October 17, 2015
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FINRA Hearing Panel Dismisses Private Offering Case
Based upon the number of lawsuits, there are a lot of disgruntled investors who invested in private offerings either just before or in the midst of the Great Recession. If the investment managed to survive that financial cataclysm, valuations may well have been hammered; however, for the lucky, staying the course may have yielded wonderful results. As those private placements make their way through courts and arbitration hearings, we have also witnessed many regulatory actions alleging fraud, non-disclosure, suitability, and the like. Consider a recent FINRA disciplinary proceeding against a member firm and its Chief Executive Officer/ Chief Compliance Officer. READ
Sad Saad Saga Sought Second SRO / SEC Shot
This is an update of "The Amazing Mobius Strip Of Wall Street Regulation" (BrokeAndBroker.com Blog, March 18, 2015). It is a saga that starts in 2006 with alleged business expense misconduct; and then, from 2007 through 2015 moves through an investigation, Complaint, hearings, appeals, remands, and appeals. In a bit of mathematical magic, we seem to have traveled twice around a circle only to find ourselves at the end of the beginning of the beginning of the end -- the amazing Mobius Strip of Wall Street Regulation. READLittle Biz On The Side Gets Rep Fined And SuspendedMaybe Things Are A Tad Quiet On The Broker-Dealer Front And You're Thinking Of Doing Something With Your Extra Time? You Have That Insurance Office But, Gee, Lately, The Customers Aren't Exactly Breaking Down The Doors. Maybe A Little Real Estate On The Side? Maybe Invest In A Small, Local Biz? You're A Clever Guy With An Entrepreneurial Interest. Why Sit Around Doing Nothing When You Can Branch Out And Do Even More? Alas, The Road To Hell Is Often Paved With Such Good Intentions. Read About A Recent FINRA Regulatory Settlement. READ
Case In Point host, Bill Singer, Esq., interviews Aegis Frumento, Esq., partner at the Stern, Tannenbaum Bell law firm. Frumento discusses his representation of a confidential whistleblower, who has blown the whistle to the Securities and Exchange Commission about alleged mortgage underwriting misrepresentations by Sun Trust Bank. After two high profile New York Times articles and the involvement of the Department of Justice, it's difficult to figure out just where this case is -- or isn't. The interview raises provocative questions about the futility of the whistleblower process and frustration faced by attorneys and their clients. A compelling watch.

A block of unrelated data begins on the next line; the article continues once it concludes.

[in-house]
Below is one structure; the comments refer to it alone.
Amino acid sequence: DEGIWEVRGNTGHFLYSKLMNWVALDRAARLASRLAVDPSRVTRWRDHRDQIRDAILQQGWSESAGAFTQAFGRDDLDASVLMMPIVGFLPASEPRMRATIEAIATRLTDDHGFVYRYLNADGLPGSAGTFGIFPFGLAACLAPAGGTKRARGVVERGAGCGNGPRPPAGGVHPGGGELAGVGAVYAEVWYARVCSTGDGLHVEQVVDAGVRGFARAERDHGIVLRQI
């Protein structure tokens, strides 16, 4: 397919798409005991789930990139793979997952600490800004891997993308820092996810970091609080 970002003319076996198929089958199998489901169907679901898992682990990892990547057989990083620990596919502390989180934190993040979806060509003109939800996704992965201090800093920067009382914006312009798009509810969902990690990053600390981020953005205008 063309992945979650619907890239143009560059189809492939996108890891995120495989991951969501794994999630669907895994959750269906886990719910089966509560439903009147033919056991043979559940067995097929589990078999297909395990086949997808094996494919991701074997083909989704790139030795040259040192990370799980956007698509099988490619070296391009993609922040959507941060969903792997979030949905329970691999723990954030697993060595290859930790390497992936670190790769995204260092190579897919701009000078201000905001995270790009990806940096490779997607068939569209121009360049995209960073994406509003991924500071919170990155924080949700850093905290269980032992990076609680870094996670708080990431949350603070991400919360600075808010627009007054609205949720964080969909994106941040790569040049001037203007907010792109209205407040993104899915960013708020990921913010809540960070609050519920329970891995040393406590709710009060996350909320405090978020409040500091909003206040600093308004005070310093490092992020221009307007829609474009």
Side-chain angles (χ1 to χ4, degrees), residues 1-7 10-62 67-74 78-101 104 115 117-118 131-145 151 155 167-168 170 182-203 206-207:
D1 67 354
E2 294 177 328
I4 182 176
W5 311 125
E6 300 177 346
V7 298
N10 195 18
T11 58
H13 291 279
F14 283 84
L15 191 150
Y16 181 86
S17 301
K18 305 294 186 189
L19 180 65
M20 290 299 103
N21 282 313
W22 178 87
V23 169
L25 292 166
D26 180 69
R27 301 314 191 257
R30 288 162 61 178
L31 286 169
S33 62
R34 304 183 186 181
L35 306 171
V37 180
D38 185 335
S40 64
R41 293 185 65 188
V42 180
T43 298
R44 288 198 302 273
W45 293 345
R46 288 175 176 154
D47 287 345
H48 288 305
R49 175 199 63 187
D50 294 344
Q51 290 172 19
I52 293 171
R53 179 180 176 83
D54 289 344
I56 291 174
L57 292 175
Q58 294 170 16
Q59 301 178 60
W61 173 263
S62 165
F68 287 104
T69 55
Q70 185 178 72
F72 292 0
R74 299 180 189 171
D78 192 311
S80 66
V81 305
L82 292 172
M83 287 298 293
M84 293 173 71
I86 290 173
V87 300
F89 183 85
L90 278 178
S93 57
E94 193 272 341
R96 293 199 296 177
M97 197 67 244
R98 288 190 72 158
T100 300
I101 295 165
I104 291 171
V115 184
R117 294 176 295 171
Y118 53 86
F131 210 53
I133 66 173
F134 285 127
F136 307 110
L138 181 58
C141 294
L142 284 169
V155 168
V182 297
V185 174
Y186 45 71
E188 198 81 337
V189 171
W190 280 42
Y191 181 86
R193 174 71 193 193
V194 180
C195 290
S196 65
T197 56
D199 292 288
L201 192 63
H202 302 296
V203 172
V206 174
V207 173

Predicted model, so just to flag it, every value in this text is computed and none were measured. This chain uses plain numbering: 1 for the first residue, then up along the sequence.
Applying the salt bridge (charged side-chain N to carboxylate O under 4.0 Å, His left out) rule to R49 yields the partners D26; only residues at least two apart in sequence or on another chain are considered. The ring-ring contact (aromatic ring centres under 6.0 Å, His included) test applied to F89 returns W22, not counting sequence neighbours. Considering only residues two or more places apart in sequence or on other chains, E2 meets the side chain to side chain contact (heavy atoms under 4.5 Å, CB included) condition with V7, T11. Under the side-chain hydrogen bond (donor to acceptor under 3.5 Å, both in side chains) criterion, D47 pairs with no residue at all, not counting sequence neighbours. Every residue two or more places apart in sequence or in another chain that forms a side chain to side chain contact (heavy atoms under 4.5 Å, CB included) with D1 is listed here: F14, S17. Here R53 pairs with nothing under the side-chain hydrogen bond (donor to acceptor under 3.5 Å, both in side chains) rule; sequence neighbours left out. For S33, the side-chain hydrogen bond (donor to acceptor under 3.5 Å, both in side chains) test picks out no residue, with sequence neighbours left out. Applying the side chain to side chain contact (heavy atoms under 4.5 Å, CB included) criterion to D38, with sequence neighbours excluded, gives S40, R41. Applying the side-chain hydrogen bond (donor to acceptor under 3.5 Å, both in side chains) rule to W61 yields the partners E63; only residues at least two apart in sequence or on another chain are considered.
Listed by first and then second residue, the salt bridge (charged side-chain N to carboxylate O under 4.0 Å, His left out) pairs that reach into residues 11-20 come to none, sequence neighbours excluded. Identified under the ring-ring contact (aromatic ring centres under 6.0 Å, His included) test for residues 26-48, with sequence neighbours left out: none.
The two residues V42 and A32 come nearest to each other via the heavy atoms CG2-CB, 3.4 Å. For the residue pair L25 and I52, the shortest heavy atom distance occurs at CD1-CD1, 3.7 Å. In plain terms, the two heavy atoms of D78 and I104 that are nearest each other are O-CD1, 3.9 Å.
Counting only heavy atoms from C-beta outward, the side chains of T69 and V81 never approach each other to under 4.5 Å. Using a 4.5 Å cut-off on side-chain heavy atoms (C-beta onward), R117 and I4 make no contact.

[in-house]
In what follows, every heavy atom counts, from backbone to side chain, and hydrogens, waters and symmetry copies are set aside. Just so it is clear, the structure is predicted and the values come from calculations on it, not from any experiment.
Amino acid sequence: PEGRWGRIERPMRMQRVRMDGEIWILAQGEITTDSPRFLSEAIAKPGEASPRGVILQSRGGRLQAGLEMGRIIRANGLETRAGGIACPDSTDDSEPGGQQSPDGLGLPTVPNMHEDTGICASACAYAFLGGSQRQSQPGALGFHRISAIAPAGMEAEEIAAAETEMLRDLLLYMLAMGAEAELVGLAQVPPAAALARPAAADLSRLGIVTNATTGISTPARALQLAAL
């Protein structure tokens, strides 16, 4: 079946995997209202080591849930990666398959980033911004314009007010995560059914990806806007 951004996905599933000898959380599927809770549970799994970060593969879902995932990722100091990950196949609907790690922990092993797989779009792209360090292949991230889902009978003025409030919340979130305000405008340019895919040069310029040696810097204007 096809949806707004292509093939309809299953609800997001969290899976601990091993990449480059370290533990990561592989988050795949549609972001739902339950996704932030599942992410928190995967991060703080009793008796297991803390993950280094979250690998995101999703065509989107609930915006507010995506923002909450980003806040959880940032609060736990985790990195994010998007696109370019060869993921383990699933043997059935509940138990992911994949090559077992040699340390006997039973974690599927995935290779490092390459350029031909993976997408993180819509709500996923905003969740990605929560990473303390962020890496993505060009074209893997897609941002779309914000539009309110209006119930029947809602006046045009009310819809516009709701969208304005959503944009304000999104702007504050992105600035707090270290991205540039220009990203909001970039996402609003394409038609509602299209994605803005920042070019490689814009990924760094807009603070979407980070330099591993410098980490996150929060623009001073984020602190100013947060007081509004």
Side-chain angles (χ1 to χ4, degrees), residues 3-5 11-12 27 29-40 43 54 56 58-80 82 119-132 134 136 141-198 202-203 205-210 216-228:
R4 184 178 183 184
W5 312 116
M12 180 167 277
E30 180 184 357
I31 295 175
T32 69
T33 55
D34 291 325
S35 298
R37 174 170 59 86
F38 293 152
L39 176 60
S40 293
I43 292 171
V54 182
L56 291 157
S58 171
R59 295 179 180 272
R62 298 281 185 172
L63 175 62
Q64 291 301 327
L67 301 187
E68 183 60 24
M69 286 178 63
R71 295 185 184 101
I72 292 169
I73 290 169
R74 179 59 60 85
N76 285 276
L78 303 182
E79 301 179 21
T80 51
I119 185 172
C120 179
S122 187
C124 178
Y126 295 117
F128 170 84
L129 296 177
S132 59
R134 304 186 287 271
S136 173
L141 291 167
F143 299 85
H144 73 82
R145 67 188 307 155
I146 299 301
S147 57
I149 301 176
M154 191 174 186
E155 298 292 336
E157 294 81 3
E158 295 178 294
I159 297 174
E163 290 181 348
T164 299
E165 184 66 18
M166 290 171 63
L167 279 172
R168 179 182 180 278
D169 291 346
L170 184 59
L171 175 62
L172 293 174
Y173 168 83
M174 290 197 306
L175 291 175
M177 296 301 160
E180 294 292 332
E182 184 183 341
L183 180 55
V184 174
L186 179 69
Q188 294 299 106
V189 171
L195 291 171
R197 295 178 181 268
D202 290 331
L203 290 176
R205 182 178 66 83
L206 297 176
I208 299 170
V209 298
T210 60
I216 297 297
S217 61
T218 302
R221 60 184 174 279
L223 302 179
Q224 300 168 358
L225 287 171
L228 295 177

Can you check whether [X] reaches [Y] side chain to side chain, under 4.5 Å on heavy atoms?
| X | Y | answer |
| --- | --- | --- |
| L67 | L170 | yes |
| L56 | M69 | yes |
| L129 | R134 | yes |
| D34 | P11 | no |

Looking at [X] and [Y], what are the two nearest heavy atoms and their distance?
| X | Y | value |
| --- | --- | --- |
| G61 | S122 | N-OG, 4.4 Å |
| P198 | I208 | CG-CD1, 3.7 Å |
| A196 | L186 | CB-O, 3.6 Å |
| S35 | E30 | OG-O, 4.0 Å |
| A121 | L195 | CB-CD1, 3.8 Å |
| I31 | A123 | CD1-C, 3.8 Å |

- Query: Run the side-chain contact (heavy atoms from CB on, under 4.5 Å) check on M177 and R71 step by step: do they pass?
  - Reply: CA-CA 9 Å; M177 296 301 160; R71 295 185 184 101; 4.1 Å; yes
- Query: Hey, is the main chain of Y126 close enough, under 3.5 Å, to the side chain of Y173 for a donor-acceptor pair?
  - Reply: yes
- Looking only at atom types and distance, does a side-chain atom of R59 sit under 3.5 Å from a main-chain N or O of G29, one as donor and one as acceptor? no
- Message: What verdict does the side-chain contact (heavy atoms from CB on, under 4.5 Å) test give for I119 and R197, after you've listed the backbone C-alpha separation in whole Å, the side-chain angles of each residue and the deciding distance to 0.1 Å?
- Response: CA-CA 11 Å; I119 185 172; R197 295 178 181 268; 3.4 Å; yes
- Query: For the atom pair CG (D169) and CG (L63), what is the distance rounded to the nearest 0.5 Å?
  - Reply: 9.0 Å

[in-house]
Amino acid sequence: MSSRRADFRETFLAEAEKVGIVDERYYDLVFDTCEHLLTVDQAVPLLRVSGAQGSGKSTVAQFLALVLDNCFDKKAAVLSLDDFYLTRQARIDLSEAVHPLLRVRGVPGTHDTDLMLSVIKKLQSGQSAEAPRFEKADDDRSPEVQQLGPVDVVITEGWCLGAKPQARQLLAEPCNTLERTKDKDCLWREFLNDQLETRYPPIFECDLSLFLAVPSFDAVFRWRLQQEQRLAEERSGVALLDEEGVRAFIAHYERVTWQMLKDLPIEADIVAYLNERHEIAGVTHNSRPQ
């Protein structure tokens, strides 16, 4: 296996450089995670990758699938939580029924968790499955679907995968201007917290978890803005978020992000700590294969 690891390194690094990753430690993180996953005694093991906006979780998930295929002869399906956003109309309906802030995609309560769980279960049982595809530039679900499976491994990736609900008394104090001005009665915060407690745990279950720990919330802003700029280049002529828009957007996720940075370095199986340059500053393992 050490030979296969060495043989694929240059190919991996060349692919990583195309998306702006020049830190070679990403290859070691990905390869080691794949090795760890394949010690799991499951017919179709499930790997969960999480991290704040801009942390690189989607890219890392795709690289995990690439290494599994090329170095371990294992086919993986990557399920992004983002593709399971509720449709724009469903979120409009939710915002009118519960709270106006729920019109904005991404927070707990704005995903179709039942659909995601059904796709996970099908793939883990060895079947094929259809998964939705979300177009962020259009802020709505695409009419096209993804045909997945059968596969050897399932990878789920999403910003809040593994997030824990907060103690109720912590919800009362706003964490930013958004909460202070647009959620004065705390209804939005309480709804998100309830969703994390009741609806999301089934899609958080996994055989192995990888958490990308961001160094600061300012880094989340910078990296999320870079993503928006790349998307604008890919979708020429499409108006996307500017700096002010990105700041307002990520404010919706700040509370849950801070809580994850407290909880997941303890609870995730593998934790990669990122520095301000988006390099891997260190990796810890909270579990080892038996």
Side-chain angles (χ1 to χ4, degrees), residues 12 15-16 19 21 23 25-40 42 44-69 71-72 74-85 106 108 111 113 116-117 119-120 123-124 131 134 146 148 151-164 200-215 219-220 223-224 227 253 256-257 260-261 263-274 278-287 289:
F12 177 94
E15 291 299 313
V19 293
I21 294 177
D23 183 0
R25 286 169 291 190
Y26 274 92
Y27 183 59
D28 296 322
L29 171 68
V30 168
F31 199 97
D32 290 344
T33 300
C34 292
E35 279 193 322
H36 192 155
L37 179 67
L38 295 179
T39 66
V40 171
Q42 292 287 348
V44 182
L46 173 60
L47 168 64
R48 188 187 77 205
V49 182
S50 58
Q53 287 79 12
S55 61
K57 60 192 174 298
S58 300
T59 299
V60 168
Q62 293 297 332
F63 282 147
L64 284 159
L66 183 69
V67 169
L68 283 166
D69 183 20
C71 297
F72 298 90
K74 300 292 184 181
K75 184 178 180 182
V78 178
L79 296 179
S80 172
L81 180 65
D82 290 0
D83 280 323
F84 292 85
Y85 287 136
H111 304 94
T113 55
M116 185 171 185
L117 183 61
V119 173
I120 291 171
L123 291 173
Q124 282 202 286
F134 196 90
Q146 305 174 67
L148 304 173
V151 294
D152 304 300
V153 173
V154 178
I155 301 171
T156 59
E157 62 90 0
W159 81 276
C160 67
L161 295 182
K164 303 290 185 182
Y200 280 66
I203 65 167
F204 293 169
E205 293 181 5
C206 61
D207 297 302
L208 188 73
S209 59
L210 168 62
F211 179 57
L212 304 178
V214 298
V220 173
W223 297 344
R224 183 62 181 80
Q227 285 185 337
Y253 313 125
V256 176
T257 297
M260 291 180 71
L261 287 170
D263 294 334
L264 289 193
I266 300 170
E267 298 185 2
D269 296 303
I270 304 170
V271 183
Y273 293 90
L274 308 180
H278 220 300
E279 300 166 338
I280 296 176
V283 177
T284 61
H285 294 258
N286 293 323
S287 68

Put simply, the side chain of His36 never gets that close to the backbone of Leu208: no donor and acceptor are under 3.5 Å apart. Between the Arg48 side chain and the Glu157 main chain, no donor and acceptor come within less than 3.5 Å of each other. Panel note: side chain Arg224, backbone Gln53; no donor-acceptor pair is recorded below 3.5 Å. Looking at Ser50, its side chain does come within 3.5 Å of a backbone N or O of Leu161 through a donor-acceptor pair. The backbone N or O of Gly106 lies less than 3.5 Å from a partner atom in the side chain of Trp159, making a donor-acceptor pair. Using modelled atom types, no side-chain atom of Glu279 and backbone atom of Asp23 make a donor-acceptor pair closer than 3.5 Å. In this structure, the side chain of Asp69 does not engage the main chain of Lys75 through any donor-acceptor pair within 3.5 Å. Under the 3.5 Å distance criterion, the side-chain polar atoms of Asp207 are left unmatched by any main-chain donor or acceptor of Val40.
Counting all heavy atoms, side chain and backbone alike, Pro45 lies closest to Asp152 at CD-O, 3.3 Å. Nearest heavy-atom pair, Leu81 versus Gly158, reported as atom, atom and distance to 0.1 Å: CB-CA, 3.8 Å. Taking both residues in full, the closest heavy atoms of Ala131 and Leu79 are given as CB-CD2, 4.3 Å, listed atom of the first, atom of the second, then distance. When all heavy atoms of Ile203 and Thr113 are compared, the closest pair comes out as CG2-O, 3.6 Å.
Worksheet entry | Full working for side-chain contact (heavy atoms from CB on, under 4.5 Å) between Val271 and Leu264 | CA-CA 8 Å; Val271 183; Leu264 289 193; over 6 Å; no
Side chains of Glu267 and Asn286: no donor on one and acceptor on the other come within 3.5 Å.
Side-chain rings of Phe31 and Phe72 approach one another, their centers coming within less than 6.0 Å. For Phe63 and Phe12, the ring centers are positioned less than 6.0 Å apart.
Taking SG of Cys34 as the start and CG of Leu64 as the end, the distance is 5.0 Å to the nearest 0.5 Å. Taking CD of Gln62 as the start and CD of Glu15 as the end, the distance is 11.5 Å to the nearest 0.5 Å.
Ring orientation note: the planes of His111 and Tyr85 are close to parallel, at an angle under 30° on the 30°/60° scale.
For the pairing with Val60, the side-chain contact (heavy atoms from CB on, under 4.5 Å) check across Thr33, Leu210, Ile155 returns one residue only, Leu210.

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SEC Settles Prop Trading Spoofing Case
As previously reported in "UPDATE: 1st Criminal Prosecution Of Layering And Spoofing Hits HFT Sphere" (BrokeAndBroker.com Blog, January 13, 2015), the first purported criminal case was brought involving High Frequency Trading and layering/spoofing. United States Of America V. Aleksandr Milrud (Complaint, DNJ, 15-7001, January 13, 2015). In a separate action, the Securities and Exchange Commission filed a civil Complaint charging Milrud with violating and aiding and abetting violations of anti-fraud provisions of federal securities laws and the SEC's antifraud rule, and with liability for the conduct of the traders under his management. Also see Securities and Exchange Commission, Plaintiff, v. Aleksandr Milrud, Defendant (Complaint, 15-CV-00237, DNJ, January 13, 2015).
On Oct. 8, 2015, the SEC filed an Order Instituting Proceedings alleging that unregistered proprietary trading firm Briargate Trading, LLC and Eric Oscher (a Briargate principal) had engaged in spoofing and, as such, had manipulated the market. As more fully set forth in the OIP "Summary" READ